That suggests a new parameter whose growth rate Björk and others might now find it interesting to measure: The growth rates of various kinds of mandates, keeping a special eye on the most powerful and effective one: The HEFCE/Liege model. Because that's where most of the action in the next few years will be taking place...
Tuesday, November 26. 2013
Research Councils UK Response to BIS Committee
RCUK: compliance targets for the numbers of papers made available Open Access will be increased year-on-year, as will the funding we make available to support Article Processing Charges (APCs).This is a publishing industry timetable and terms.
The RCUK compliance target should be for OA (Green + Gold), not just for Gold payments; and the annual OA target should be 100%.
Funding-based annual targets slow OA growth whilst making it much more costly to provide OA.
What is needed is a mechanism for monitoring and ensuring timely compliance. That's what institutions (recruited by HEFCE's immediate-deposit mandate for REF2020 eligibility) will provide.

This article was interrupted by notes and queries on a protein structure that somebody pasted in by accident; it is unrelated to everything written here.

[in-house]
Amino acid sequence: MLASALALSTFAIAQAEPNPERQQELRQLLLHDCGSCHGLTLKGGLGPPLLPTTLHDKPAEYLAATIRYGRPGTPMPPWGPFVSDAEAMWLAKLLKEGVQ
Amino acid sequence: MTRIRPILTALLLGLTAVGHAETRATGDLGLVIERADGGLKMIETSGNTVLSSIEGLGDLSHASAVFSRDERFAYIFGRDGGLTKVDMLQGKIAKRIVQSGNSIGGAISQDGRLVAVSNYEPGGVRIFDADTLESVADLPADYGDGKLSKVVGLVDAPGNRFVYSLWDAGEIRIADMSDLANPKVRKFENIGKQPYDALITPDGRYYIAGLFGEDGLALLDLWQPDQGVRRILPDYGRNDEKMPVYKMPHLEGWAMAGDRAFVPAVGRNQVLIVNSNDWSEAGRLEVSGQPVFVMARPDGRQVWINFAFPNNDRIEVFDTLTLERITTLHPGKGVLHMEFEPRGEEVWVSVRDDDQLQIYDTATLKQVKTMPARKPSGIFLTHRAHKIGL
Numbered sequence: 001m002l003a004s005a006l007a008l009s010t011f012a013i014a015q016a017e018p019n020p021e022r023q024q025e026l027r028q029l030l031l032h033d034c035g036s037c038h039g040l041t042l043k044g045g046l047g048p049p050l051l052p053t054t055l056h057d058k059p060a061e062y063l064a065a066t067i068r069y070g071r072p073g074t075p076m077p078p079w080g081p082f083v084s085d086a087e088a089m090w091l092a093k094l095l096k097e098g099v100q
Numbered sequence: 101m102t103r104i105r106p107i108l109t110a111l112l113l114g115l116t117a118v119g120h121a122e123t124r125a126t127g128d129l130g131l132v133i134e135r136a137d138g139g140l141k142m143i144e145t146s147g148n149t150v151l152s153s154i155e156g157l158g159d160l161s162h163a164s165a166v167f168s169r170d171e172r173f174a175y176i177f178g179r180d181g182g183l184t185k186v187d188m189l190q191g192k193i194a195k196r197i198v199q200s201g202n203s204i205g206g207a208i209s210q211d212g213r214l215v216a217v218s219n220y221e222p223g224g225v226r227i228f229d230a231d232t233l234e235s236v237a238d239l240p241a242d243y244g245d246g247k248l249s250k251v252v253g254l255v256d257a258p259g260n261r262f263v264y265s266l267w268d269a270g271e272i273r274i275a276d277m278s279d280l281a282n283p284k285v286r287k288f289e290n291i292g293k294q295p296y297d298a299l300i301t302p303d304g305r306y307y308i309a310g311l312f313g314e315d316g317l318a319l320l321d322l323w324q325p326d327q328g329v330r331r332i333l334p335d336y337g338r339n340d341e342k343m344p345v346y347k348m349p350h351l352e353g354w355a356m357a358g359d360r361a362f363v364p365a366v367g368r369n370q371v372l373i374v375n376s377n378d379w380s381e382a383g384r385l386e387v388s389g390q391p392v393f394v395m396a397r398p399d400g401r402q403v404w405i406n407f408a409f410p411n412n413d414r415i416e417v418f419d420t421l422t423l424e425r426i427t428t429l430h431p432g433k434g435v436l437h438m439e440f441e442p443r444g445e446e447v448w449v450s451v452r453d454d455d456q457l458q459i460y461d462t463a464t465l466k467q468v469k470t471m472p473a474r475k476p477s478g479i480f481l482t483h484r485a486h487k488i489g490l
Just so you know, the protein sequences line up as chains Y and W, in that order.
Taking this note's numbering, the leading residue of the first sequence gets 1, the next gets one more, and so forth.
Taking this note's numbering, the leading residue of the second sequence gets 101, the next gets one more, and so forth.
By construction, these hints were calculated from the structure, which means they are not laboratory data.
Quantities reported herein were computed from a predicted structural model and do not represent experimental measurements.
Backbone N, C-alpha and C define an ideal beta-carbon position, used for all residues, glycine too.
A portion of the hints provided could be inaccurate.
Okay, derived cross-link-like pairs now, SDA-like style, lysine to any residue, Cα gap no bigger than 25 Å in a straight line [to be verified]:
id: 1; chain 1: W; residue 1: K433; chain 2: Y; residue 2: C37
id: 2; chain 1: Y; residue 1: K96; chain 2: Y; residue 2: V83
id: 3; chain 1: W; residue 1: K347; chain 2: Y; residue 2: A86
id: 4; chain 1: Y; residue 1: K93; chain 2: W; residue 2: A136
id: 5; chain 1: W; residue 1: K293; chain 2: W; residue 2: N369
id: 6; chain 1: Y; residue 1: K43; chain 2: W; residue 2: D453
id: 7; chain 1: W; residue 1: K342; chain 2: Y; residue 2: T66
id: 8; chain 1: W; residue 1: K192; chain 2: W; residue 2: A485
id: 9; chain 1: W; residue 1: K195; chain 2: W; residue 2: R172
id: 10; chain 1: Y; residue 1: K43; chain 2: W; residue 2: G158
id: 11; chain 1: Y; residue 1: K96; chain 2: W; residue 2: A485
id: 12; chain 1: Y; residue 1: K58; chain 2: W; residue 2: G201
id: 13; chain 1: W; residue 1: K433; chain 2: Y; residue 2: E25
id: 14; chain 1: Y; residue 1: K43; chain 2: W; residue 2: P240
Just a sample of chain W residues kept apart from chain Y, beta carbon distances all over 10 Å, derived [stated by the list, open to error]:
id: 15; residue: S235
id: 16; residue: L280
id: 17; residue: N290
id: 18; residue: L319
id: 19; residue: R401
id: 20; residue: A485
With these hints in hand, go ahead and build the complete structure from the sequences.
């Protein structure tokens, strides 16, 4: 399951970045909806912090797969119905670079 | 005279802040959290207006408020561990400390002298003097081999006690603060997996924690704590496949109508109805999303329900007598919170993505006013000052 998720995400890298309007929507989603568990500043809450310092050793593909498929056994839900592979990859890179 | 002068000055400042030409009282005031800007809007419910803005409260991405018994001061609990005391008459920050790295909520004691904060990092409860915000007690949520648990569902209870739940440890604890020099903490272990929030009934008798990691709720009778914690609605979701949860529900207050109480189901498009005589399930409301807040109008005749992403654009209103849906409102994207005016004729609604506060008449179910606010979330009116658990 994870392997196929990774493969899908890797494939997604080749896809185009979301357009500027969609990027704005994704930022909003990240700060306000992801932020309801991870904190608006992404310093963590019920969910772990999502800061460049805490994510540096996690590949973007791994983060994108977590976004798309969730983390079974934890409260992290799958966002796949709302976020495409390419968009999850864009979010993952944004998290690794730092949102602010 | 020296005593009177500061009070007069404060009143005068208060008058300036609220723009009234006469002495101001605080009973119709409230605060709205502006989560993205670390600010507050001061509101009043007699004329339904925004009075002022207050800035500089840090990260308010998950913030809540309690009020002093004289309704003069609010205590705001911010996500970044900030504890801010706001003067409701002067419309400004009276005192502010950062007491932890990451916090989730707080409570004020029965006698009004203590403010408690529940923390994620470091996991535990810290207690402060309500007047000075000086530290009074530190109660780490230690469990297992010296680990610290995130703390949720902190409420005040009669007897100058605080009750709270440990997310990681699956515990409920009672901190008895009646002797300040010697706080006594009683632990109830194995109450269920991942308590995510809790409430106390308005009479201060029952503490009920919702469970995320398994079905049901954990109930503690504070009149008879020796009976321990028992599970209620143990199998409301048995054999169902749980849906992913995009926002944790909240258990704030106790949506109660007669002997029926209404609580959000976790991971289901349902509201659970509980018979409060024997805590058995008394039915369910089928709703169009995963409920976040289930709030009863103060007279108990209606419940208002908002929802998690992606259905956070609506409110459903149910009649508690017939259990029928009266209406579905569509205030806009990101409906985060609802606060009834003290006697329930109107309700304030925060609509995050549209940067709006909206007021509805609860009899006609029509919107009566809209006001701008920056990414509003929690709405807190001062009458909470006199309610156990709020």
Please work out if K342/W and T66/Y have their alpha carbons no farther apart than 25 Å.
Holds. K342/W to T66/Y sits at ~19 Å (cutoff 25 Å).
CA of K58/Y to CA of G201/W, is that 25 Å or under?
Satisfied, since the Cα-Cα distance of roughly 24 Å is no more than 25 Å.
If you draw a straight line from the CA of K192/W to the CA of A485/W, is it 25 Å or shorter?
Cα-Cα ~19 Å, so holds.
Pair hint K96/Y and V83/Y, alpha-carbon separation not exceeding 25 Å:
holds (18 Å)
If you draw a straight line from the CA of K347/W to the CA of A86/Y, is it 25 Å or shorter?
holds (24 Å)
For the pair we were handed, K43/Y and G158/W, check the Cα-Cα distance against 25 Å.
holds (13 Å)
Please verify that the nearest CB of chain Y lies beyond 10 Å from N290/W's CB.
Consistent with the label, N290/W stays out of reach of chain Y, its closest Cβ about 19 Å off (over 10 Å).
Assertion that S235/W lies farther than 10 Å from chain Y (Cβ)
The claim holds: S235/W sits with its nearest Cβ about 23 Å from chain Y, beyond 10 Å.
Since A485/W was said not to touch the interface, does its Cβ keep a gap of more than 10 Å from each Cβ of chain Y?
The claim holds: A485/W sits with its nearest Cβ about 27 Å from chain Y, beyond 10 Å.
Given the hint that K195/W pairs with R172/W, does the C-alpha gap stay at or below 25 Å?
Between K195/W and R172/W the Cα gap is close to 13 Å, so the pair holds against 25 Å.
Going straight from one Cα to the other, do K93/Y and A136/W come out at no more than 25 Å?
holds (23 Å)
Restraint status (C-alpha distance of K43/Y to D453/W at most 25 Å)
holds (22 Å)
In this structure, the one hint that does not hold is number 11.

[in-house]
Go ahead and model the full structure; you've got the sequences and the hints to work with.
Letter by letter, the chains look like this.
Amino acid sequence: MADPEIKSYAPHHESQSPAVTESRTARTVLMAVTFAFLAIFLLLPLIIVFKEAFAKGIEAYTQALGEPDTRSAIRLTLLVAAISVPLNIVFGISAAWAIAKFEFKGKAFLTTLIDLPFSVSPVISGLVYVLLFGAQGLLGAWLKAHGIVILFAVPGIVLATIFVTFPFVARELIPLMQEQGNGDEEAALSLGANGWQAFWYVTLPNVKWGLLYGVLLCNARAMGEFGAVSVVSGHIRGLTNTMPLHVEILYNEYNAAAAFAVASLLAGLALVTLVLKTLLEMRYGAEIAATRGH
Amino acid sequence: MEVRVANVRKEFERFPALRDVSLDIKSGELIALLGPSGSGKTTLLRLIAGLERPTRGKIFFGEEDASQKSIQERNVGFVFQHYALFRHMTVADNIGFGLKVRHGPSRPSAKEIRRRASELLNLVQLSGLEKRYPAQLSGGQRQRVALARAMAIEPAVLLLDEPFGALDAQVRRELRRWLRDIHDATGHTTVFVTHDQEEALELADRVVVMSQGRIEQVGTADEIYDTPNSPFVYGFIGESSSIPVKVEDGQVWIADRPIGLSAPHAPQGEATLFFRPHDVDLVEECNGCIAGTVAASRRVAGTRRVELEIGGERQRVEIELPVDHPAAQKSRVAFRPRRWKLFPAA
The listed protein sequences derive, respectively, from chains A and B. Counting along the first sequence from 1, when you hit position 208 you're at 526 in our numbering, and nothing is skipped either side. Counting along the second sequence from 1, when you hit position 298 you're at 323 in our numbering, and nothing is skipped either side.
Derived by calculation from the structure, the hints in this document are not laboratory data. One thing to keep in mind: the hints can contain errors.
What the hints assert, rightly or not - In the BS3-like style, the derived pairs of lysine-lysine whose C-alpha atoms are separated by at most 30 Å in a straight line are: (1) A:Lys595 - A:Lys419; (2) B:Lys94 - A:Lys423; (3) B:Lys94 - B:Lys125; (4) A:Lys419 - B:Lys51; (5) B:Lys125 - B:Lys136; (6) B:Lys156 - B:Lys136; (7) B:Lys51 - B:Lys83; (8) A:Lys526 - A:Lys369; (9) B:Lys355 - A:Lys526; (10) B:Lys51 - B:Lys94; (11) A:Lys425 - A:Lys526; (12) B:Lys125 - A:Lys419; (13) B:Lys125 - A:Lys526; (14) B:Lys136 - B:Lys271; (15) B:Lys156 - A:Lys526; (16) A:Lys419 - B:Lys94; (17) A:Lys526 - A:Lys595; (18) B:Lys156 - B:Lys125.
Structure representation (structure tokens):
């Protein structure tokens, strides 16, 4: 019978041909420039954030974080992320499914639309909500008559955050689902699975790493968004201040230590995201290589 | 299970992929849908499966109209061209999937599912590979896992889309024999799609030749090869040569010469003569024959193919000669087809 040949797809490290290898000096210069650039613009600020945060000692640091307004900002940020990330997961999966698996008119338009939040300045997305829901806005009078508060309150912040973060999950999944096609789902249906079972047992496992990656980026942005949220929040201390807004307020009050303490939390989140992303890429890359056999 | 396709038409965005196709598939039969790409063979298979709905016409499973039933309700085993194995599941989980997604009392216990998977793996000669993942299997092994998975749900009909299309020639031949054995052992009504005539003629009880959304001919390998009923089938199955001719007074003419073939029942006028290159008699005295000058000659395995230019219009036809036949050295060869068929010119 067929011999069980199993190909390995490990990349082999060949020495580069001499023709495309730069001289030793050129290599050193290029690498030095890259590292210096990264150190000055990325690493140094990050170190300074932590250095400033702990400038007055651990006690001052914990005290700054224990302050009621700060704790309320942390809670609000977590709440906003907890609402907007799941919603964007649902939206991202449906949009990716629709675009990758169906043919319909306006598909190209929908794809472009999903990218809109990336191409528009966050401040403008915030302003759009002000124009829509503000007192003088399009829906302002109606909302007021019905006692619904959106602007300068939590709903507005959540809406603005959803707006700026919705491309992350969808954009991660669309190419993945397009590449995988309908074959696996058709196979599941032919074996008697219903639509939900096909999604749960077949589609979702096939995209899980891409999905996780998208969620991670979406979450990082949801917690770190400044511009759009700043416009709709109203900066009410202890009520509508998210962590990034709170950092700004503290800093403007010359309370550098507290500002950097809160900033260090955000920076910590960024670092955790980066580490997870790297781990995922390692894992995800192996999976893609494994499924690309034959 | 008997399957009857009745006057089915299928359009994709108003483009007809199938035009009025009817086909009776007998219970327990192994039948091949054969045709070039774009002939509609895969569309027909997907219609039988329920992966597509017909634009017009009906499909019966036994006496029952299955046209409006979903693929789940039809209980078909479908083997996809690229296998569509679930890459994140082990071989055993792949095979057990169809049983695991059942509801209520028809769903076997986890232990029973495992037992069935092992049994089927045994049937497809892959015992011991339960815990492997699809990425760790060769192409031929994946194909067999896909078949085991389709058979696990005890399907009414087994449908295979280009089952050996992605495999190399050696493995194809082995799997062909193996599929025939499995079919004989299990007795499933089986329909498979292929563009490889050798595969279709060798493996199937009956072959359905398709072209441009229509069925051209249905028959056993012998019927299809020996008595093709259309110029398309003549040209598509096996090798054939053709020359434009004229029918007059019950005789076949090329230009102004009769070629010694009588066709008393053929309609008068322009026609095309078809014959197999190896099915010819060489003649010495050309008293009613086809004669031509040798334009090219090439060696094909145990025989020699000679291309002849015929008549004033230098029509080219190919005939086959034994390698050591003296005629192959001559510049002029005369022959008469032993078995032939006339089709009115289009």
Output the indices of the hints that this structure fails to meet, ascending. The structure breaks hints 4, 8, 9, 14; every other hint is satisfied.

RCUK: During the transition period, we are allowing authors to use journals with embargo periods longer than the headline figure in the policy, but in line with those agreed by the Government, for publicly funded research where no funds are available to cover the payment of APCs.This is unclear. Relaxing the enforcement of embargo limits on Green is good, because it preserves author freedom of choice of journal. But if it is only for when there's no money to pay for Gold, it again incentivizes publishers to offer over-priced, double-paid hybrid Gold and to adopt or lengthen Green embargoes so as to collect as much extra UK Gold revenue as available.